and to the Northward as far as the Northernmost branch of the said Bay or River of Delaware, which is forty one Degrees and forty minutes of Latitude and crosseth over thence in a straight line to Hudson's River in forty one Degrees of Latitude
If the northernmost branch of the Delaware had been found at 41°40′ little doubt would have existed as to the exact location of New Jersey's northern boundary line. But no branch existed at this latitude. The confusion created by this revelation would be capitalized on by New York in order to stall any attempts at establishing the border's exact location and, thus, the legitimacy and stability so necessary for a healthy business environment in the new colony of New Jersey. It would be New York's contention that, since the branch did not exist at this location, the actual border should be much farther south. It was New York's hope that New Jersey, being a much smaller, poorer and less politically connected colony, would eventually have to compromise and move the border south in order to end this draining border dispute. The problems created by this mistake in cartography would begin in 1676, with negotiations between the provinces of East and West Jersey over the location of their mutual partition line, and would not end until 1769, when a Royal commission to solve the New York/New Jersey northern boundary dispute would impose a compromise border line. Some may argue that the dispute continued until 1896, when a joint state commission completed an accurate survey that compensated for measurement distortions caused by local iron ore formations, but for the purposes of this paper, we will follow the dispute—including its complicated political and economic battles and small skirmishes between residents of both states—until the compromise of 1769.
Berkeley and Carteret experience financial problems
During 1674, following a short period in which the Dutch had once again established control over most of the region, Berkeley and Carteret found themselves in serious financial difficulties. Due to these difficulties Lord Berkeley sold his share in New Jersey to Edward Byllynge, who immediately sold parts of the share to a group of Quakers who were hoping to create their own colony in New Jersey. But before this new settlement could be begun, it was necessary to establish clearly the border between lands owned by Carteret and the Quakers. An agreement was arrived at with Carteret, on July 1, 1676, which would become known as the "Quintipartite Deed." This agreement divided the colony of New Jersey into East and West sections, with the partition line stretching "from the eastside of Little Egg Harbor, straight north, through the country, to the utmost branch of Delaware River." Obviously the exact location of this line would be dependent upon the exact border with New York, which was also located on this branch. But where exactly was this elusive branch of the Delaware River? The East New Jersey Board of Proprietors would lead the effort to establish the location of the northern station point because of the importance of this question in establishing title over much of their territory. Without a firm border, how could grants be made with firm titles; more importantly, without firm titles, how could new business and communities be established?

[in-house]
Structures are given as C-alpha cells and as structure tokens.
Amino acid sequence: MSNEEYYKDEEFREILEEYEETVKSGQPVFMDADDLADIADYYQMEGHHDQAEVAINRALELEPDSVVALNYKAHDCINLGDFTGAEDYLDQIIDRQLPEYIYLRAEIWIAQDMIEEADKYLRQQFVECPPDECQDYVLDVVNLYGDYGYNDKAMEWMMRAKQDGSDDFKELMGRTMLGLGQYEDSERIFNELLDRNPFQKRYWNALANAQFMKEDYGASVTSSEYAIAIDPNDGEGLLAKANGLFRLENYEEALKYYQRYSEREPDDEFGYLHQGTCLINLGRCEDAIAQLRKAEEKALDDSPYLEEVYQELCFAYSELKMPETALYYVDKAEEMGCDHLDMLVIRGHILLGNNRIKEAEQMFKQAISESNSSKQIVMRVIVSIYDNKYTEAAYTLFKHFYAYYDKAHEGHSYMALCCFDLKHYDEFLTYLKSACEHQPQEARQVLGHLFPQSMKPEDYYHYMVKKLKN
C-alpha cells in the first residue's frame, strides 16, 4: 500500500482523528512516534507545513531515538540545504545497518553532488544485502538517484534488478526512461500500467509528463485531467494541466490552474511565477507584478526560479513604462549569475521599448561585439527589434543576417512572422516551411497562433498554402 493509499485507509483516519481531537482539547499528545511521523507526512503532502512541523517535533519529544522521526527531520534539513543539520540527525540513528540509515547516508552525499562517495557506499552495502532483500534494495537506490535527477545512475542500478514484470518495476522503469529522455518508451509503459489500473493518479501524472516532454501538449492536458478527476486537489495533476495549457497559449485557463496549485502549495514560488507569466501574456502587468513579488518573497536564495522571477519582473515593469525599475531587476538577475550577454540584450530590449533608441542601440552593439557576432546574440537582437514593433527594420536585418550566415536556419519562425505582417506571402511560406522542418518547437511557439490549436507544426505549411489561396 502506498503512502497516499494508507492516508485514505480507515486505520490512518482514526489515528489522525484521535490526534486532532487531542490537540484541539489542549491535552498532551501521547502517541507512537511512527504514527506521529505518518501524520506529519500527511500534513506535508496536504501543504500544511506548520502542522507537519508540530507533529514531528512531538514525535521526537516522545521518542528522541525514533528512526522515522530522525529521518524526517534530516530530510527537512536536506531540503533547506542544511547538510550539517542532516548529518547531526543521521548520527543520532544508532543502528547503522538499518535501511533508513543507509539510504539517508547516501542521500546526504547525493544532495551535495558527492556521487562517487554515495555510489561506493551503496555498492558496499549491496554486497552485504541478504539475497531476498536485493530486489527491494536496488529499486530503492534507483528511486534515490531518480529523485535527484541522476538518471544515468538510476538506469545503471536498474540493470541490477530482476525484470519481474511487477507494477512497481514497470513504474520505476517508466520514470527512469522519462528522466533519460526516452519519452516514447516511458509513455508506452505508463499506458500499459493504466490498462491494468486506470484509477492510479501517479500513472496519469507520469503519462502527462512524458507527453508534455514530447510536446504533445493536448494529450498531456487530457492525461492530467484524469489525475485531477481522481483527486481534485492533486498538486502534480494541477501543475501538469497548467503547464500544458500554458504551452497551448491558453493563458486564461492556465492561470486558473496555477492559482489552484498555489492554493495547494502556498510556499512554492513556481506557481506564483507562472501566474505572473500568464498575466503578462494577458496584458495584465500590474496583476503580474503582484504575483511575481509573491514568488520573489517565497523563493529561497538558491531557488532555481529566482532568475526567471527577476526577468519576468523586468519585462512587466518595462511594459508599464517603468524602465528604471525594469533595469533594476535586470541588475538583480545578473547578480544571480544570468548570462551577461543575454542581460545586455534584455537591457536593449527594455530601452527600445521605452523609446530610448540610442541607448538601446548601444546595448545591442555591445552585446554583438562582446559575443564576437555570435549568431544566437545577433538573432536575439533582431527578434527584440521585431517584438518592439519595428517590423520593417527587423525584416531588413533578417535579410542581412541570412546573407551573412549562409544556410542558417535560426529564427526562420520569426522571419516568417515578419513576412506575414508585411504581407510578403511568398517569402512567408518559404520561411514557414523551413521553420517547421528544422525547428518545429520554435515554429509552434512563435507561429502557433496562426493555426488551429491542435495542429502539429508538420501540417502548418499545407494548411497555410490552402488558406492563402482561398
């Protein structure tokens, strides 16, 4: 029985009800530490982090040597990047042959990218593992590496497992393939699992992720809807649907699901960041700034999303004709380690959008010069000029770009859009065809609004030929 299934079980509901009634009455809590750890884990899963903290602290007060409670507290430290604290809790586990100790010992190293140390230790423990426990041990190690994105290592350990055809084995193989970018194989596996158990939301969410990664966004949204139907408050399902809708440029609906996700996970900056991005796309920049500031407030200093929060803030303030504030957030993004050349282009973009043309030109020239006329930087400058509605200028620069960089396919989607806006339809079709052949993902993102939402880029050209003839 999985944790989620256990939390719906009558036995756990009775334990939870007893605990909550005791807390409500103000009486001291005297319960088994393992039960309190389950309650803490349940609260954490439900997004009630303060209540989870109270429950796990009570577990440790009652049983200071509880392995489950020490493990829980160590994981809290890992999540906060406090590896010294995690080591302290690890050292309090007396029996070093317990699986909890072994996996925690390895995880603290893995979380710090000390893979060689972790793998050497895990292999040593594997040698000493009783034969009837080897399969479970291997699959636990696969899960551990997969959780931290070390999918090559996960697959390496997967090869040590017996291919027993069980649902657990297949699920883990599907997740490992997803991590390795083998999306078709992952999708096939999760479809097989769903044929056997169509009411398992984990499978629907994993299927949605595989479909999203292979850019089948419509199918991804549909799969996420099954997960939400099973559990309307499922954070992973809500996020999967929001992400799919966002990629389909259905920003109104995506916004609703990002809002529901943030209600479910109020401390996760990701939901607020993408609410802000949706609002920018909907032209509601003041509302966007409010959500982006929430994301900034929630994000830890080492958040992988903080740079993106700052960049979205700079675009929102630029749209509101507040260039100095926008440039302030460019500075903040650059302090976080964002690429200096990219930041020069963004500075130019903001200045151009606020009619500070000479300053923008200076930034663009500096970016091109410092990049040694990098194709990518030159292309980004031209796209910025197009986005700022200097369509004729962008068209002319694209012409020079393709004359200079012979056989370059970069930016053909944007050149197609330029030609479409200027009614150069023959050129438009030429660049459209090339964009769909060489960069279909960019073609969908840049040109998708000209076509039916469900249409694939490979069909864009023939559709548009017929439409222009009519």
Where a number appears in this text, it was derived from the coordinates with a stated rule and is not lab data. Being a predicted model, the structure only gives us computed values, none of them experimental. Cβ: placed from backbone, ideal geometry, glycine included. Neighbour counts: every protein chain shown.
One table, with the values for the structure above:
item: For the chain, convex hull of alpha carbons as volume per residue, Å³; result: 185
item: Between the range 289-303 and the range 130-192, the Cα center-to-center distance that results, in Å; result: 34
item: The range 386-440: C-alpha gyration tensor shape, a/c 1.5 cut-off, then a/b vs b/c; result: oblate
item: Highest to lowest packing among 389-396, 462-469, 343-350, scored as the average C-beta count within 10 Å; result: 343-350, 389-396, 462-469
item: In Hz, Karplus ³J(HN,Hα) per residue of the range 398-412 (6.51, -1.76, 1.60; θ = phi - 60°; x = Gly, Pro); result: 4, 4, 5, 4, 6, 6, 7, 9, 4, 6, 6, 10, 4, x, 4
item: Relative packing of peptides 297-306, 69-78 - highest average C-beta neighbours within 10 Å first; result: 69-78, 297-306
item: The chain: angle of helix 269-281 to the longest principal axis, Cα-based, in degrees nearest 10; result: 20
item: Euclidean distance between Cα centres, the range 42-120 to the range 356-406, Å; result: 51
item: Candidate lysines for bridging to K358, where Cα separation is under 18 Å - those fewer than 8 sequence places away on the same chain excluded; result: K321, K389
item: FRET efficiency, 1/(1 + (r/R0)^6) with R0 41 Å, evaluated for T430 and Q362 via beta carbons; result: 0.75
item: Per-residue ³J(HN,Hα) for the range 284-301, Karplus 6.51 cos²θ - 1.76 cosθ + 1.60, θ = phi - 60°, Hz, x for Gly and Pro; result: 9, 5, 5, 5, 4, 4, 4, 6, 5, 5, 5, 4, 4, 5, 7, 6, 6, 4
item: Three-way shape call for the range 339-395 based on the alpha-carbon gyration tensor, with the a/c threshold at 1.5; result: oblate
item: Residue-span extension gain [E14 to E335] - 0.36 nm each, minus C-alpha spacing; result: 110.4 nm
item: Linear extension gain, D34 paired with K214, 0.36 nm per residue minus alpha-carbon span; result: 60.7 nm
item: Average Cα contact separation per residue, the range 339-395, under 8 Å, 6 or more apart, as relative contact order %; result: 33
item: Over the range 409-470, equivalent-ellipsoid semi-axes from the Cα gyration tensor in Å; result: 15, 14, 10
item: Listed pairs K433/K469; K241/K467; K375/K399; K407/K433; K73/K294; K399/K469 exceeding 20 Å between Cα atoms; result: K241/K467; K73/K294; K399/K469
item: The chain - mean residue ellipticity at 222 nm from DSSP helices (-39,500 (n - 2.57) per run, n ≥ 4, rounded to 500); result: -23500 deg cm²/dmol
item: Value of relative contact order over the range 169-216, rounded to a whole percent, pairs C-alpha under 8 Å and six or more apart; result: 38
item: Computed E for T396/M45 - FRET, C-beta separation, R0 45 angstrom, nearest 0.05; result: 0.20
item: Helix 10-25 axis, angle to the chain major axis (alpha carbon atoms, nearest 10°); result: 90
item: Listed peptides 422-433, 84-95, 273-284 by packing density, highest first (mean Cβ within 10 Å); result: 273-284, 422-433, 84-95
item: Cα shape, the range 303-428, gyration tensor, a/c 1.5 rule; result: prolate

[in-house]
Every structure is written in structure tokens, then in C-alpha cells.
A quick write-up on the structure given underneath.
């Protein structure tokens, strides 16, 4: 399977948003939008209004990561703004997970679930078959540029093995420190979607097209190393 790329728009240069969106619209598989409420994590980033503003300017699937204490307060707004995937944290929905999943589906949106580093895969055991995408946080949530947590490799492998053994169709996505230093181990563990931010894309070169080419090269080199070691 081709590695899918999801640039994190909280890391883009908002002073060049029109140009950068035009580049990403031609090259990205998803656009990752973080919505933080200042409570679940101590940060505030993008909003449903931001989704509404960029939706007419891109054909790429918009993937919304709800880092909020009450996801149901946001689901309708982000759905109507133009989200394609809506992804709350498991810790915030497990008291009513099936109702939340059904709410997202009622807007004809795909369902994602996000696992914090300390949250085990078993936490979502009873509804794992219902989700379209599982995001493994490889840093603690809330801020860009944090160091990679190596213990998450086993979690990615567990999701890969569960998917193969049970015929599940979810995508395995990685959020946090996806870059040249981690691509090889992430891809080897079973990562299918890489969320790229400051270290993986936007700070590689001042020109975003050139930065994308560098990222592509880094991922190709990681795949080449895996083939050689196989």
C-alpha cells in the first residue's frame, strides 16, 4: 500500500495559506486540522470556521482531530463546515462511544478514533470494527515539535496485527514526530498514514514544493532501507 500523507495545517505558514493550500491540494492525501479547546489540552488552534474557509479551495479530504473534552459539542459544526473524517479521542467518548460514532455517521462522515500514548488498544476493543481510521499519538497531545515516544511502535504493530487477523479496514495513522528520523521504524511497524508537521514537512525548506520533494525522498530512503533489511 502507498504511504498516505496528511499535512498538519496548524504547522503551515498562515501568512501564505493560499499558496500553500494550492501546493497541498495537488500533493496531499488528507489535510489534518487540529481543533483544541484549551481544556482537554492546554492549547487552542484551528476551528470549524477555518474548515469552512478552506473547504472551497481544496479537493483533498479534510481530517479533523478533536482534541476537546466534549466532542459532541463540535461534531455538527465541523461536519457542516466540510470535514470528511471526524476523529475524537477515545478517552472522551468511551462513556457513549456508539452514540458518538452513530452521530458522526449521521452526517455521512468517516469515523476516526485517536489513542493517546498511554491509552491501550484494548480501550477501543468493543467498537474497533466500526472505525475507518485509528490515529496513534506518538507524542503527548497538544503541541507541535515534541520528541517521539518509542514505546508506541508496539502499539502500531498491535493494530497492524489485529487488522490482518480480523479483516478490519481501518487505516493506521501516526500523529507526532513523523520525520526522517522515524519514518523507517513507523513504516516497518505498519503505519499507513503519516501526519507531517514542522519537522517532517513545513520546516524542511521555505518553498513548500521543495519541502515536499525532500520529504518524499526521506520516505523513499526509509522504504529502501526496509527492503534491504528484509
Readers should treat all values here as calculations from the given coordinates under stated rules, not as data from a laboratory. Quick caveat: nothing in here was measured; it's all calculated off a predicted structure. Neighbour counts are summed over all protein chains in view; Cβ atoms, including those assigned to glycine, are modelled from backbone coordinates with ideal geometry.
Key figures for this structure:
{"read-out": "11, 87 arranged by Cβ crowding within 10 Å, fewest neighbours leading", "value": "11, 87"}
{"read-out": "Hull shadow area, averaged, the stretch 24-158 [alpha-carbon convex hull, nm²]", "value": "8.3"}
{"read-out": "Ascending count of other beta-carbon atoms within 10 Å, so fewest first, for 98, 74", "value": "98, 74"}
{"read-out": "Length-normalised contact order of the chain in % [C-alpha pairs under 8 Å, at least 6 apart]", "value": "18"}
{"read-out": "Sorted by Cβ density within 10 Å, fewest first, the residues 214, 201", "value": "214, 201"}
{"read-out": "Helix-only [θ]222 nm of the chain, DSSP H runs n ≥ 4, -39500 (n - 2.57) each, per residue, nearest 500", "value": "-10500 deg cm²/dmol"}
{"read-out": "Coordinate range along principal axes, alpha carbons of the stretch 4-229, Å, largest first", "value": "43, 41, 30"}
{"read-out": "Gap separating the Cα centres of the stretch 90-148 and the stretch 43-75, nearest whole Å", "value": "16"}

Early survey attempts
The first attempt to establish the location of the northern border of New Jersey was made in 1684. Evidence of this attempt is only circumstantial in nature, and is found in documents only as background information for other subjects. Pasting together a rough picture, it seems as though Governors Thomas Dogan of New York and Gawen Lawrie of New Jersey, along with their respective councils, met near Tappan on the Hudson River. They agreed to establish the east station point of the border at the mouth of Tappan Creek, and assured each other that surveyors would soon be hired to run the final line to the Delaware River. A discussion of this Tappan meeting is found in the minutes of the Council of New York for April 9, 1684, which instructed the Indians to observe the surveyors while they placed markers on the Delaware, and to sell only to New Yorkers land to the north of that line. Other evidence that this meeting occurred is written in a deed granted by the Governor and Council of New Jersey in 1685, which referred to a location "at Tappan Creek upon the Hudson's River at the line of Division agreed upon by the Governors of the two provinces."
Seventy years later, Governor Robert Morris, in an affidavit used to support New Jersey's border claim, described what he had heard of this meeting.
I Do hereby Certify that some Time in or about as I Believe the year 1685, or 1686, Col. Thomas Dongan then Governor of New York and others met with Gawen Lawry, then Governor of New Jersey with some of the Gentlemen of the Council of New Jersey and others at a Place nigh which stood afterwards the house of Col. William Merrett on the West Side of Husdsons River where an observation was then made of the latitude and mark'd with a Pen Knife on a Beech-Tree standing by a small Run or Spring of Water that Run down the North Side of the Place where I think Merrett's House afterwards stood. Sometime Early in the Beginning of the year 1691. I went and Remark'd the said Tree but do not Remember what was the Latitude that was mark'd thereon. They went afterwards to a House to the Southward of a Place Call'd Verdrietige Hook and from thence Southerly to a Farmer's to the Northward of Tapan Meadow at the Bottom of the Bay, I cannot particularly Remember whether observations was made at one or both these Places - but I was told They there did Agree that the Mouth of Tapan Creek should be the Point of Partition on Hudsons River.